A Social Media Case Study: Where Did the Apathy Go?
The young Romanian guy looks at the camera and straight facedly enumerates the three contributions of his new website and specifically how it will benefit Romanian "regular Joes." The first contribution is,
"Regular Joe will learn from the website where bribe prices are lower and will use free market principles to get the price of bribery down, down, down."
Codru Vrabie is one of the winners of the Restart Romania challenge, organized by TechSoup Romania and supported by The United States Embassy in Romania, the Erste Foundation, Microsoft, Cisco, Google, the Romanian National History Museum, Romanian National Television, Decat o Revista (and the German, British, Canadian, Austrian, Spanish embassies and other non-financial sponsors here). All of these sponsors, 200 other attendees and people watching a live stream have just done a crowd-sourced vote to anoint the challenge winners.
And there is a metaphorical smell of garbage in the air, in the best possible way.
Really, you can't understand Codru and his Bursa Spagilor ("Bribe Market") project unless you understand about the garbage. But you can't understand about the garbage unless you understand a little bit about Romania.
Romania, like all of the countries of the former Soviet bloc, has had a difficult time engaging its citizens in what might broadly be called civil society activism. The reasons usually cited are a combination of disillusion with the results of overthrowing the Communist regime, pervasive corruption, and the lack of a tradition of either effective citizen activism or of a dynamic NGO sector.
Romania is the 7th most populous country in Europe, with a population of 22 million. On September 23 of 2010, 1.4 million Romanians had Facebook accounts. And on that chilly Saturday morning, in the country whose unofficial national slogan is‘asta e’ or ‘that’s just life’ 200,000 Romanians crawled out of warm beds and started picking up garbage, all across the country.
They were participating in a campaign called Let's Do It Romania-- affectionately known to many as the big Romanian garbage pickup campaign. The campaign had been publicized almost exclusively over Facebook and other social media. Its simple premise was: "We love our country. Our country has crap lying around everywhere. Our government institutions are too corrupt and/or inefficient to pick up the crap... Let's Do It ourselves, Romania.”
That was then. Note the date—Sept. 23, 2010. Three months later, on December 17, 2010, an impoverished and humiliated Tunisian vegetable vendor named Mohamed Bouazizi immolated himself, the flames spread through social media, and the Arab Spring was sprung. (Yes, less than a year ago; seems longer, doesn't it?)
And now? Now, Romanian Facebook use has gone from 1.4 to 5M, and Codru is deliciously applying a consumer ethos to rampant corruption, and receiving applause and prize money.
If you don't think these events are related, you might as well stop reading now. If you do agree, we have done some reporting you will find of interest.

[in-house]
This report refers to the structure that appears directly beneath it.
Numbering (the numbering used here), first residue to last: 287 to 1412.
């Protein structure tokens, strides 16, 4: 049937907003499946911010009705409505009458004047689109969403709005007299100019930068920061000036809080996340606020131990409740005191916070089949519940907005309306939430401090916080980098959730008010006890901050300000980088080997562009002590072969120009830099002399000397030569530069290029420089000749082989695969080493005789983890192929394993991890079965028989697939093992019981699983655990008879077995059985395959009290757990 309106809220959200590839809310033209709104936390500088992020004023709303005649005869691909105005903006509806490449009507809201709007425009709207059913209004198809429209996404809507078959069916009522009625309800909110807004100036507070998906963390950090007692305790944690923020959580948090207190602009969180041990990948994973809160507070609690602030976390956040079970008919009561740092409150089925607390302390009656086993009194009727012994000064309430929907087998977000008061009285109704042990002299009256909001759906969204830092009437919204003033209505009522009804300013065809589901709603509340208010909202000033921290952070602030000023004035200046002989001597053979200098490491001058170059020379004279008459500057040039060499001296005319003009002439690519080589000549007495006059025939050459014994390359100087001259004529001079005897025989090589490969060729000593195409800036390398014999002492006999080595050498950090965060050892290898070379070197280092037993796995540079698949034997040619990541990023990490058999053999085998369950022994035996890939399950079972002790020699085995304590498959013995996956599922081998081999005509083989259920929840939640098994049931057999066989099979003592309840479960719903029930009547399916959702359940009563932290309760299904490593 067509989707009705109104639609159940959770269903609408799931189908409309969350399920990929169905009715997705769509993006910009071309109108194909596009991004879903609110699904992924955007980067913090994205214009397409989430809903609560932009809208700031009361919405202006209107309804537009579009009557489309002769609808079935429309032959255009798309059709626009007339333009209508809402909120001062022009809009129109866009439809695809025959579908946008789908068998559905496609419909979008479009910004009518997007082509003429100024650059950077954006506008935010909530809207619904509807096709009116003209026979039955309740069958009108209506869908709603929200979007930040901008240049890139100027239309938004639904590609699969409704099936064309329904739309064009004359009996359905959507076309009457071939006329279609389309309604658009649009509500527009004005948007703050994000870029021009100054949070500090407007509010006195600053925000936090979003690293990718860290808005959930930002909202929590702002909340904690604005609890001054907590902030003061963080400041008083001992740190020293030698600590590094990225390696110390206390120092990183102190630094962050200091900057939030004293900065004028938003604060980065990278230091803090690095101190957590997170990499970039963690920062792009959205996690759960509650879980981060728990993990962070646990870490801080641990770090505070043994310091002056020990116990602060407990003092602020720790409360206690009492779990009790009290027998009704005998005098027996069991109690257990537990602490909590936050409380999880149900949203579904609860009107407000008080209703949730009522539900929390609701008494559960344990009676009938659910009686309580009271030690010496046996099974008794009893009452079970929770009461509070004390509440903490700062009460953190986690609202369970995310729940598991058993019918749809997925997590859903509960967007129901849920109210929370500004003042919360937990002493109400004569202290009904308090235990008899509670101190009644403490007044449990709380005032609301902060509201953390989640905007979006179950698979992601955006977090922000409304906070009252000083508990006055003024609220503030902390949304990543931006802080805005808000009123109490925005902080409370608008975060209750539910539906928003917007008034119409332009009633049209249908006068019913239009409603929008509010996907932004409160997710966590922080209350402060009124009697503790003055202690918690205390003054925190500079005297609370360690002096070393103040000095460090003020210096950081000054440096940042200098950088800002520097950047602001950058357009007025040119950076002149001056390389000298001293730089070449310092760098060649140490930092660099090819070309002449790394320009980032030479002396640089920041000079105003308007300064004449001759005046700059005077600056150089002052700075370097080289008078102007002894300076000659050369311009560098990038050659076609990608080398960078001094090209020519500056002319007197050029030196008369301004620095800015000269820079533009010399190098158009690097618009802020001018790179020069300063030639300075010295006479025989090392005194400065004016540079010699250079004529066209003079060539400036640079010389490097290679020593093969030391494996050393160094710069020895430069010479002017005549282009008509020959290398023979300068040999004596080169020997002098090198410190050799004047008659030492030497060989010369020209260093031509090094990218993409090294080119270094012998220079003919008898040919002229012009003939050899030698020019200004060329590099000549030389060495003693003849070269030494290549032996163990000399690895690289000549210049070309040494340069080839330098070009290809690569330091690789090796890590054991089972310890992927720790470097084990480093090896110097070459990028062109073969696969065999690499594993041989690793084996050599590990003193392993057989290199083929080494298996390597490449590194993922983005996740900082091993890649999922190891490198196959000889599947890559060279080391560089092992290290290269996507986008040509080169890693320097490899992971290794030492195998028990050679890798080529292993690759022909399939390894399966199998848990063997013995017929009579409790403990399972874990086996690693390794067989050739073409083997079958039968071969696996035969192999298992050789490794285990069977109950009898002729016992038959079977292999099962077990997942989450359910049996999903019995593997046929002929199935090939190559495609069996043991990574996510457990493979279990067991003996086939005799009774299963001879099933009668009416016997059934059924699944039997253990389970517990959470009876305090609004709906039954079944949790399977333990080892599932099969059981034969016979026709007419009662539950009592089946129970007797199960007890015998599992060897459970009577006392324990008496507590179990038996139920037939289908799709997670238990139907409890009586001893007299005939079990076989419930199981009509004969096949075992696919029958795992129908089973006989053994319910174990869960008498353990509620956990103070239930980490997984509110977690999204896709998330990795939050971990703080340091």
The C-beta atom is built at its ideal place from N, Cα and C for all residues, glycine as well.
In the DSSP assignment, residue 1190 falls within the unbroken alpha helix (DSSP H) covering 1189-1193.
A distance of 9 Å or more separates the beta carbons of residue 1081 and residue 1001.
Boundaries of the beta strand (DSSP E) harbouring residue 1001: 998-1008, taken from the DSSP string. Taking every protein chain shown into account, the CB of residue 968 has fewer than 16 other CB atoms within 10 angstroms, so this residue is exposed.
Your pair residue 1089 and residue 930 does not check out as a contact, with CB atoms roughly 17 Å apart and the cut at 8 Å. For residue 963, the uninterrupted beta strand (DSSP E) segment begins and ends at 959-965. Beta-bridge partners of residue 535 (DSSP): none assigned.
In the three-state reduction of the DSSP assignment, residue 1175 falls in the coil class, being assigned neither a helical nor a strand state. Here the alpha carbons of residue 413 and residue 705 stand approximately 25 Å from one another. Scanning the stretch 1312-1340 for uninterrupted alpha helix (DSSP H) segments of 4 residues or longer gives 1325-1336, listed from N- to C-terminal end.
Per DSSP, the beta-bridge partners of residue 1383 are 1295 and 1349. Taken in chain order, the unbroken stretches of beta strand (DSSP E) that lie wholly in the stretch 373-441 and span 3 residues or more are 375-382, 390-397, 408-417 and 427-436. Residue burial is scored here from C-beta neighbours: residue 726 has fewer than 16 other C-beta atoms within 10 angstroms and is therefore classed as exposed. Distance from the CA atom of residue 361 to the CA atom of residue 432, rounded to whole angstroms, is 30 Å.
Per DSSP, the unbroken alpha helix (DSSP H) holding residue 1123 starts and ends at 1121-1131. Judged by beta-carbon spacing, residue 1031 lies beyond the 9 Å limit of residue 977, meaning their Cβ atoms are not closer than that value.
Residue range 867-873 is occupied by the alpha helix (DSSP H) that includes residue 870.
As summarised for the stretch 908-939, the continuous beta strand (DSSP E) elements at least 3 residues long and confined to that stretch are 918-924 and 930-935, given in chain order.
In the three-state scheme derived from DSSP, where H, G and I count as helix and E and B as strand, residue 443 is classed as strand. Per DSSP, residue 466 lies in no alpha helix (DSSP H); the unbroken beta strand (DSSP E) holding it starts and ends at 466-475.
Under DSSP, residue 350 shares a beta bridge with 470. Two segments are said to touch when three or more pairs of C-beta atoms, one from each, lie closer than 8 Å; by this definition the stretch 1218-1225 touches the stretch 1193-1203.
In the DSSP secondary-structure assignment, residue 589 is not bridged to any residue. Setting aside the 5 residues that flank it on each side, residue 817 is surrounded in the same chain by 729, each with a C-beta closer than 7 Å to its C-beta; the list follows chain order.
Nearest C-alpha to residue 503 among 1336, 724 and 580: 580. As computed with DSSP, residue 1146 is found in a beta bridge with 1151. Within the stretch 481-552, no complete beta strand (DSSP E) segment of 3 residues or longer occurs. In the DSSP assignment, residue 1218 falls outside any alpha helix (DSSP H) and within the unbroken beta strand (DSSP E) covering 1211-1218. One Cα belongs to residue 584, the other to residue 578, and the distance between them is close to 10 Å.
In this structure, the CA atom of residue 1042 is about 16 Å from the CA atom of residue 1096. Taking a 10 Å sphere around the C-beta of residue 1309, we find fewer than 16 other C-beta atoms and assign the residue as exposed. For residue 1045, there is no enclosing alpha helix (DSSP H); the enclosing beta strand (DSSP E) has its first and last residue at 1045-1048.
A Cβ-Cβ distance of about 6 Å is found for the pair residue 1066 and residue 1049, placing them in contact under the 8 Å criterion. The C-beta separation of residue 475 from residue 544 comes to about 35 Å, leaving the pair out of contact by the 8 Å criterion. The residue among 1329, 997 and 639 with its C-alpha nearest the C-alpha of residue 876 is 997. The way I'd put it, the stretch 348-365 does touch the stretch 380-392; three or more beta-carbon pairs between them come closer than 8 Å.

One framing observation: The high drama of the Arab Spring derives from the high stakes of regime change. And, in a way, this drama obscures something much more important—the dramatic surge in technology-enabled citizen engagement and empowerment across the range of issues that mold life on a daily basis globally.
Chris Worman is a former U.S. Peace Corps Romania volunteer who fell in love with the region and ended up starting Romania's first community foundation in the city of Odorheiu Secuiesc in 2007 to explore citizen engagement through local philanthropy. In 2009, whenTechSoup Global was seeking to affiliate with likeminded organizations in Romania, we found the Odorheiu Secuiesc Community Foundation and started working with Chris. Our concern, to be honest, was that Chris was an American; did we have an 'authentic' partner? But watching him in action over two years and talking to people in Romania and throughout the region has made clear that he has figured out how to be effective in Eastern Europe.
Now back to the garbage.
Chris witnessed the garbage campaign with amazement and admiration. He saw social media being used at a very high level and he saw that with the right messages, context and tools, it was possible to clear away the smog of apathy and get to a remarkable amount of human energy for making Romania better.
He knew that TechSoup Global had developed a challenge platform and thus was born the idea for Restart Romania with the goal both of engaging citizens online and offline to discuss 'open society solutions' and of directly challenging activists and technologists to actually create such solutions. The 10 winners of the challenge would receive support—cash and in-kind -- to build web-based platforms for their ideas.
There were 144 entries, 2000+ unique profiles created on the Restart Romania site and 200K+ hits on the site.
Here is a link to background stories we're run on Restart Romania on the Netsquared Blog. And in this excellent post, “The Social Life of a Revolution”, Alicja Peszkowska closely examines the relationship of social media to the #occupy movement.
Starting on Wednesday November 16, we will be running posts by Chris Worman going into detail on the Restart Romania project. It’s an unusual read from an organizer’s perspective.
We'll use this hashtag #RestartRomania.